A transetiologic, phenotype-based approach was associated with response to treatment and may improve the management of neuropathic pain. These findings were published in the journal Pain.

Patients (n=628) with probable or definite neuropathic pain were recruited from the Pain Center at Ambroise Paré Hospital in France. All patients were assessed by a standard clinical neurologic examination. They then rated their pain during the past 24 hours on an 11-point numerical scale and completed the Neuropathic Pain Symptom Inventory (NPSI).

A clustering approach was used to stratify patients by pain phenotypes. Researchers used data from a previous study of patients (n=97) with neuropathic pain who were randomly assigned to receive botulinum toxin A (BTX-A) or placebo to assess whether patient clusters would be more or less responsive to BTX-A treatment.


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The internal and BTX-A cohorts comprised patients who had a mean age of 56.4 (±15.2) and 52.3 (±16.1) years, 51.9% and 50.5% were women, their duration of pain was 64.8 (±74.7) and 63 (±67) months, and their pain intensity was 6.4 (±1.7) and 6.4 (±1.6) points, respectively.

Among the internal cohort, 3 major clusters were identified. Patients in cluster 1 (31.4%) had pinpointed pain with above-average paresthesia or dysesthesia and below-average evoked pain. Patients in cluster 2 (30.4%) had evoked pain with above-average pain that was provoked by brushing, cold, pressure, or electric shocks, and below-average deep pain and paresthesia or dysesthesia. Patients in cluster 3 (38.2%) comprised patients who had deep pain that felt like squeezing and above-average pressure with below-average paresthesia or dysesthesia.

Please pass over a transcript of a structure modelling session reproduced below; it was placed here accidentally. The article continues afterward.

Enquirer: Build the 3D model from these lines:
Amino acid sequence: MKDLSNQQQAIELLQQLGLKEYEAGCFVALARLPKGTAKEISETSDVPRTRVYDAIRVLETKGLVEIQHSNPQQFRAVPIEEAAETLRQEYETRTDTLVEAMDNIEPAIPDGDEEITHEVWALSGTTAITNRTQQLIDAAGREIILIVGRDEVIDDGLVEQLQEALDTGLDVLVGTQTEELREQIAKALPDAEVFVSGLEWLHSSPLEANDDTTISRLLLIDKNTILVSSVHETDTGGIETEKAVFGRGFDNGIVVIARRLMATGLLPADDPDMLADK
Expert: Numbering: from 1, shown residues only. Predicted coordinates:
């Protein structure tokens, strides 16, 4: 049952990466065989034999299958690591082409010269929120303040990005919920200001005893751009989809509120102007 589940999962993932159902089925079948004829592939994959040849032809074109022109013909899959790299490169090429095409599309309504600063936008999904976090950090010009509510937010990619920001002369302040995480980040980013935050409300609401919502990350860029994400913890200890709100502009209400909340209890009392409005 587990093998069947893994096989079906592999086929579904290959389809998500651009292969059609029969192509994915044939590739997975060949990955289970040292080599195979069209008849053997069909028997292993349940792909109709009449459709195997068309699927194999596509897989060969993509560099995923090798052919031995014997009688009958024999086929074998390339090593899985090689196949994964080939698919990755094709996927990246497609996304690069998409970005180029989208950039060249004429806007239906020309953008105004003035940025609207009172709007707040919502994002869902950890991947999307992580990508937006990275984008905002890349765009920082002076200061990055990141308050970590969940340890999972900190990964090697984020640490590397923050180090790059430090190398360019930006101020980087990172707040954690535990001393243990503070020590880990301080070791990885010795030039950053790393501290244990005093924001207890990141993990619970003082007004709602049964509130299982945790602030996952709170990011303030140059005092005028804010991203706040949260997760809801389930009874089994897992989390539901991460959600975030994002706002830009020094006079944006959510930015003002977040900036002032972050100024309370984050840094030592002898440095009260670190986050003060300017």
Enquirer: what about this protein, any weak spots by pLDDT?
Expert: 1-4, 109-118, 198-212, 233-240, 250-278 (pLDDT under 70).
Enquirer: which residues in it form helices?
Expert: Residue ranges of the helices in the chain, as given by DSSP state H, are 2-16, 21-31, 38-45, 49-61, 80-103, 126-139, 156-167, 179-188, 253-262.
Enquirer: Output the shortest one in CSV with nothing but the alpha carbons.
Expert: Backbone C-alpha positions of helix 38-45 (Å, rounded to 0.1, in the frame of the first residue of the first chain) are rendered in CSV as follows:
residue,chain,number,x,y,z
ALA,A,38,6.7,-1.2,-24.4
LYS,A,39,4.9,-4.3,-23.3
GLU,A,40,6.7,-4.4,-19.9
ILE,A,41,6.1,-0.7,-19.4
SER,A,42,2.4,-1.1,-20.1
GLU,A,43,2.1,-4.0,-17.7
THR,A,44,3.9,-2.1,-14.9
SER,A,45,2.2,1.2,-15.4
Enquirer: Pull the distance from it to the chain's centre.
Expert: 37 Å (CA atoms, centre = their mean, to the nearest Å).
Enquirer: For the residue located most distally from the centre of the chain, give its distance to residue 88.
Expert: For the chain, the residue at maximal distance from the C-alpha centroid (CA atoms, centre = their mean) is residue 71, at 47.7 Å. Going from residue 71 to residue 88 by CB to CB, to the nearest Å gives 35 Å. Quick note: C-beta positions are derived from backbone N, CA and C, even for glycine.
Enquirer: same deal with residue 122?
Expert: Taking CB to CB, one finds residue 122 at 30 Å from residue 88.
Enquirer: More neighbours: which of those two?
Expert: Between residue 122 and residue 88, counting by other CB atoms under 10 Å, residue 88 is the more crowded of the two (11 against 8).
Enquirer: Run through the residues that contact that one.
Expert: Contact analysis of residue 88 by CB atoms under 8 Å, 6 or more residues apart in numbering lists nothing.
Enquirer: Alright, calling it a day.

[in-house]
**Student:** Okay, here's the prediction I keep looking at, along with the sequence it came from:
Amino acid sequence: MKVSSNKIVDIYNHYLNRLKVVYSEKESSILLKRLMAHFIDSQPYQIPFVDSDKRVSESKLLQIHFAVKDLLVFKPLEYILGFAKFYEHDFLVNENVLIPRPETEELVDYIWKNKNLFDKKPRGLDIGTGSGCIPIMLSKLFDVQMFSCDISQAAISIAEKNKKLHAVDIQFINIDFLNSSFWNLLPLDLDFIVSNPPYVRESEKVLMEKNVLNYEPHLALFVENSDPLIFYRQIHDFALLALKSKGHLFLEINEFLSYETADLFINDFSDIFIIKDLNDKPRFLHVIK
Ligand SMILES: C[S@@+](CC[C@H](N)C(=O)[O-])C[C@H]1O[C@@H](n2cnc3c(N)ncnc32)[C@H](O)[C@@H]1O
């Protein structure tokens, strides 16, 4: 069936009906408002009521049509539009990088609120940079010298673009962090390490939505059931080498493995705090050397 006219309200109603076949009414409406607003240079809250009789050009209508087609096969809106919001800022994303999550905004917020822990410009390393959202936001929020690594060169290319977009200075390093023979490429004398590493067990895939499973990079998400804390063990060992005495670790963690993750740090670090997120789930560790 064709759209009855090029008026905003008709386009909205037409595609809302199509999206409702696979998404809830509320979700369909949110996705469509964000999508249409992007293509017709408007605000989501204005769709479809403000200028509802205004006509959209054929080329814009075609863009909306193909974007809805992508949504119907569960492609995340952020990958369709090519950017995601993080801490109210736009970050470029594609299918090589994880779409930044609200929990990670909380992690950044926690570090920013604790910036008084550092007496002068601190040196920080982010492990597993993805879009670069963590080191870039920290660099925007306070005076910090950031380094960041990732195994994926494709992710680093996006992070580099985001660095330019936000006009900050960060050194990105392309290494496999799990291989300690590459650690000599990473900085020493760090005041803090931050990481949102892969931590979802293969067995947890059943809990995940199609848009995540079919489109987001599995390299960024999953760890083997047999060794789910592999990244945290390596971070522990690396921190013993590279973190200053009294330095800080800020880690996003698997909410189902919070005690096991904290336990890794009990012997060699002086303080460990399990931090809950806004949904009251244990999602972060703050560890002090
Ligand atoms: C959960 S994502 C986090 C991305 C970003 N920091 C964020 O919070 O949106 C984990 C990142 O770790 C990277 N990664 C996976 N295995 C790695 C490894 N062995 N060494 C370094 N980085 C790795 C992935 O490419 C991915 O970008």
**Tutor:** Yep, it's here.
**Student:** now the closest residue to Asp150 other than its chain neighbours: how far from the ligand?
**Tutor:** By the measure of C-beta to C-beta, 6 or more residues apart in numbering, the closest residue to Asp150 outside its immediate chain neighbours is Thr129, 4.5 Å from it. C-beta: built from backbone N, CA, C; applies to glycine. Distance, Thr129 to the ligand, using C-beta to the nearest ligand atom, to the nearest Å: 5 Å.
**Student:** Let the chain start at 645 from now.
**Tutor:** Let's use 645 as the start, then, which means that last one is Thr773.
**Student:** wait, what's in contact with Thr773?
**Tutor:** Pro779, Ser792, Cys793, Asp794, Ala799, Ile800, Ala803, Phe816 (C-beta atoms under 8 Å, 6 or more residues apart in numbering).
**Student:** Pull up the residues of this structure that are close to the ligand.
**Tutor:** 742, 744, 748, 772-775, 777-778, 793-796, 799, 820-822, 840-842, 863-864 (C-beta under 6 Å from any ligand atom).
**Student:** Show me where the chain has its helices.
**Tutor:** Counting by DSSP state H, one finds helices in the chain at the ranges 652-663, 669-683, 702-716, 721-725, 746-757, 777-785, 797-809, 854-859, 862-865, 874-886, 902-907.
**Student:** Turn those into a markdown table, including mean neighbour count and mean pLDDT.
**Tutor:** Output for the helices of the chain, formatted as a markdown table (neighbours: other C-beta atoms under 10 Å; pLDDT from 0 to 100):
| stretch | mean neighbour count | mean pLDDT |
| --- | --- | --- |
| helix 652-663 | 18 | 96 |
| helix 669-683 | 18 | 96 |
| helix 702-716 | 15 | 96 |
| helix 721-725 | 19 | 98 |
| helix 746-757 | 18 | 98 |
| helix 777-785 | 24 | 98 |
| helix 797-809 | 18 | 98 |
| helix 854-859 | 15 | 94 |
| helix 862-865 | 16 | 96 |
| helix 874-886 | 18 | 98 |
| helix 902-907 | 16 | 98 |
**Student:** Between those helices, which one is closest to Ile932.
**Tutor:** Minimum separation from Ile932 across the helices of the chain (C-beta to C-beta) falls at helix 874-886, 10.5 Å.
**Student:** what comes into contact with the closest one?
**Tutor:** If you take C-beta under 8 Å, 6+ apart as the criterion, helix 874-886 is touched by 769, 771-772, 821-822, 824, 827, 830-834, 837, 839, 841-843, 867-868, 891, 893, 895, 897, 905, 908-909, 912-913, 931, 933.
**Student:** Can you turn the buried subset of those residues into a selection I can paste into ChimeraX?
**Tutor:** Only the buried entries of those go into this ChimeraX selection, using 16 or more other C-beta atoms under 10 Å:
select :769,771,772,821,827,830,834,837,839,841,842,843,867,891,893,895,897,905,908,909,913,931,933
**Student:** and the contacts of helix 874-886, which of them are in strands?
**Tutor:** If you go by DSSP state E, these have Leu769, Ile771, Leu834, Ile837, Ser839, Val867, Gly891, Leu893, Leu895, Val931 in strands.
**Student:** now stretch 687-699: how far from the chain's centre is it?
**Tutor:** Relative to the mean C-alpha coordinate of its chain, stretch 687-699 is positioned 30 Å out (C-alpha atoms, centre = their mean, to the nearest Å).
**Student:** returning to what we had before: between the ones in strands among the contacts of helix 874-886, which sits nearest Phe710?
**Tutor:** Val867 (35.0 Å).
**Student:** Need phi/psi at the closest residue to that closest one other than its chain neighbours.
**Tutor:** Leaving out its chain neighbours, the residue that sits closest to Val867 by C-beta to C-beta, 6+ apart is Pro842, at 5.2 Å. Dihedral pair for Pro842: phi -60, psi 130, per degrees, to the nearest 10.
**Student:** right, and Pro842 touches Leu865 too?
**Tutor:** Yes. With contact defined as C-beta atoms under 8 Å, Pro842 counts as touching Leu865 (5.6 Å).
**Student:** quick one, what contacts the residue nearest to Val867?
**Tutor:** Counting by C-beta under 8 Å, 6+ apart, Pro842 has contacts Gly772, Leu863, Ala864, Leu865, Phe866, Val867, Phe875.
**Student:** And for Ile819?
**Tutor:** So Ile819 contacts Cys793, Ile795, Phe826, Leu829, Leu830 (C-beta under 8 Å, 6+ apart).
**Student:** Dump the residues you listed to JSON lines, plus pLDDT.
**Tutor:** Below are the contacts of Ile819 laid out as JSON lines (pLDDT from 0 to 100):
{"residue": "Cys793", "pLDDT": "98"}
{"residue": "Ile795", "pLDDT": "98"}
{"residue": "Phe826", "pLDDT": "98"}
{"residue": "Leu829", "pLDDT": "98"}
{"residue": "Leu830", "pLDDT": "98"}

Patients in the BTX-A cohort were stratified into 3 patient clusters. Patients in group 2 had a significant group (F, 6.71; P =.013) and group by time interaction (F, 2.24; P =.009). Similarly, patients in cluster 3 had both a significant group (F, 4.41; P =.042) and group by time interaction (F, 2.01; P =.021). BTX-A therapy did not have a significant effect compared with placebo among patients in cluster 1 (F, 0.35; P =.56).

This study was based on post hoc analyses and requires validation in a prospective cohort.

These findings suggest that a transetiologic, phenotype-based approach may have the potential to improve treatment selection for patients with painful neuropathy.

Reference

Bouhassira D, Branders S, Attal N, et al. Stratification of patients based on the Neuropathic Pain Symptom Inventory: development and validation of a new algorithm. Pain. 2021;162(4):1038-1046. doi:10.1097/j.pain.0000000000002130